SunSpecial: Thanks for Giving   Leave a comment

Thanksgiving, an exclusive American holiday, is abundant with symbols only associated with that Autumn time of year: Falling leaves; a chill in the weather; abundant fruits and vegetables (where else would cranberry sauce go?); and family and friends gathering around a seasonal feast most often featuring the friendless turkey. No one’s your friend when you’re the main course.

Most of us know Founding Father Ben Franklin preferred the humble Wild Turkey (Meleagris gallopavo) as America’s national symbol, over the Bald Eagle (Haliaeetus leucocephalus) as, he wrote, it is a “Bird of bad moral character”. But beyond his position of turkey advocacy, is it possible old Ben (powdered-wig wearer of the 1700’s, not the light-sword-fighting Old Ben from science fiction), had more to do with our favorite Fall feeding festival; and much of that day, from our food to our traditions to the holiday itself has less to with with Pilgrims and Native Americans from the 1600’s sitting together for dinner, than it does with events set into motion as recently as the 20th Century?

Following the harvest of 1621 (sometime between late September and early November), historical records state 90 local Natives and 53 recently-arrived Englishmen took a break from their work for a three-day celebration. (For some families, the number of people and duration of eating is almost the same today. Leftovers!). But following that introductory year, there are no records of any similar feast occurring, on any regular basis at any specific time, until the mid 1700’s when Americans – then British Colonials – were growing tired of being considered the ‘poor cousin’ to English rule and were looking for something american to celebrate. So, following any successful harvest, or building of a new church, or when someone’s family returned from a long journey, the village held a ‘thanks-giving’ – an opportunity to get together, eat local foods, and probably talk about how it would be better to be our own country, rather than an English Colony. By the time of the Revolutionary War this tradition had caught on and in 1777 the Continental Congress proclaimed the first national Thanksgiving; but as a strictly somber time of remembrance and thanks, not a day to feast and watch football. By 1815 the custom had largely been forgotten as a national event (maybe because football hadn’t yet been invented), and while families may have continued to celebrate a Fall harvest festival, there was no national Thanksgiving day until 1941, when President Franklin Roosevelt established the permanent holiday.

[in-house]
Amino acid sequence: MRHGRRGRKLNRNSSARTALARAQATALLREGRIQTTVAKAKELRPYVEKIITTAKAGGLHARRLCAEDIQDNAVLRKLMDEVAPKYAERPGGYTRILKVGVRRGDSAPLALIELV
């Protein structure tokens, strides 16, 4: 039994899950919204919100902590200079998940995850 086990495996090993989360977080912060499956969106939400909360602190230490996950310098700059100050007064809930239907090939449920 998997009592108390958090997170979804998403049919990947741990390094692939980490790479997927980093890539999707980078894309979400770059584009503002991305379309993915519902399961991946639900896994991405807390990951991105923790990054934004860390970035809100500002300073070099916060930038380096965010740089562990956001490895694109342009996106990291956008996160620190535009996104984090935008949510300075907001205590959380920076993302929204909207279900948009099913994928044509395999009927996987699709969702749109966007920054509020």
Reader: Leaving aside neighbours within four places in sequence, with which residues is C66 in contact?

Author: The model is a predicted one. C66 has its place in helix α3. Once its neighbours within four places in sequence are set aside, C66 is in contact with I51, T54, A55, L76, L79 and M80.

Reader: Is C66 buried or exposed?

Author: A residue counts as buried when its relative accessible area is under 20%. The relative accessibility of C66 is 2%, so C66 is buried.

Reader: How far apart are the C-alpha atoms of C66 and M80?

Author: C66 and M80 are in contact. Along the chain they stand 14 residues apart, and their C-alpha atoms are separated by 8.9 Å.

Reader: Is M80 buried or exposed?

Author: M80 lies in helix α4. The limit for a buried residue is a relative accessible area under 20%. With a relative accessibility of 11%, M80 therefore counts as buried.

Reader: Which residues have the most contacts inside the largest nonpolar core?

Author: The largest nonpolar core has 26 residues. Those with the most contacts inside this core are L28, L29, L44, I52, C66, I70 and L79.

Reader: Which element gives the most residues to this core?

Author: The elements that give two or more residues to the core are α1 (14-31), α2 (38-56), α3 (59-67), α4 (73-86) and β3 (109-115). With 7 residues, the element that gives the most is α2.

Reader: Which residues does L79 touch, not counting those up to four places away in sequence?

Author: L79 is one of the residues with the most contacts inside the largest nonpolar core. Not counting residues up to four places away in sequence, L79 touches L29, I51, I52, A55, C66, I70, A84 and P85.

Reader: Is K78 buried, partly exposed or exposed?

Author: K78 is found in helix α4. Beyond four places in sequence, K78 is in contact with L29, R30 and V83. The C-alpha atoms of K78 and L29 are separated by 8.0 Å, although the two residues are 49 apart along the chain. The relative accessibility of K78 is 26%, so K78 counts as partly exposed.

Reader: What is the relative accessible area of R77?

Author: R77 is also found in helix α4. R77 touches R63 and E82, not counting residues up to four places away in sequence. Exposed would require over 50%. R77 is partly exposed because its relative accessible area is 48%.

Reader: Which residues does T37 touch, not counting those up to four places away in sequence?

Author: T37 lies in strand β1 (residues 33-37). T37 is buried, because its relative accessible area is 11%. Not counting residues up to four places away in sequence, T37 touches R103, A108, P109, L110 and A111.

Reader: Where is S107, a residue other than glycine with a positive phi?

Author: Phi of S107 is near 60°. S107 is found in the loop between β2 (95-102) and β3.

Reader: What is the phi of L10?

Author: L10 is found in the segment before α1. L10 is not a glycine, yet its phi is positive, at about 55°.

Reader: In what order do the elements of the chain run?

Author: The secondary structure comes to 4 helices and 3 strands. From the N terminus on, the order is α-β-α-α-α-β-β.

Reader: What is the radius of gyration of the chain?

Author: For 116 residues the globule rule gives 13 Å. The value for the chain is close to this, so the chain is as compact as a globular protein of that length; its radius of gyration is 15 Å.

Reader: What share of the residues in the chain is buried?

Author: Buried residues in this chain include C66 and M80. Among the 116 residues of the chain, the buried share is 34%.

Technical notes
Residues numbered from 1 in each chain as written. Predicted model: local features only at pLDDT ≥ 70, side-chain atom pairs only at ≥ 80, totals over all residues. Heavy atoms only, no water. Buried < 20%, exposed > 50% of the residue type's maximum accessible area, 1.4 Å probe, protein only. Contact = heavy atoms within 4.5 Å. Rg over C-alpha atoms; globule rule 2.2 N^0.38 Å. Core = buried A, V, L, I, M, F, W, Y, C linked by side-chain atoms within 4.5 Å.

So what does this have to do with Ben, and his turkeys? Through much of the 1700’s, Ben was just about everywhere and involved in just about everything. While much of his work remains unknown (for someone so important he worked hard to remain behind-the-scenes), the 1777 first Thanksgiving was certainly influenced by his actions; and while he continued to believe the Turkey, not the eagle, is a more fitting symbol of America due to its perseverance, ability to survive under difficult conditions, and is a “Bird of Courage”, Ben was never able to convince most anyone else. Because, as it has turned out, Thanksgiving is a celebration for the people; and among animals, who on this day make the biggest sacrifices, there is no thanks to give.

“...well, the sign said 'This way to free Thanksgiving dinner'....”

“…well, the sign said ‘This way to free Thanksgiving dinner’….”

Posted November 22, 2015 by ECOVIA eco-adventure® in SciSun

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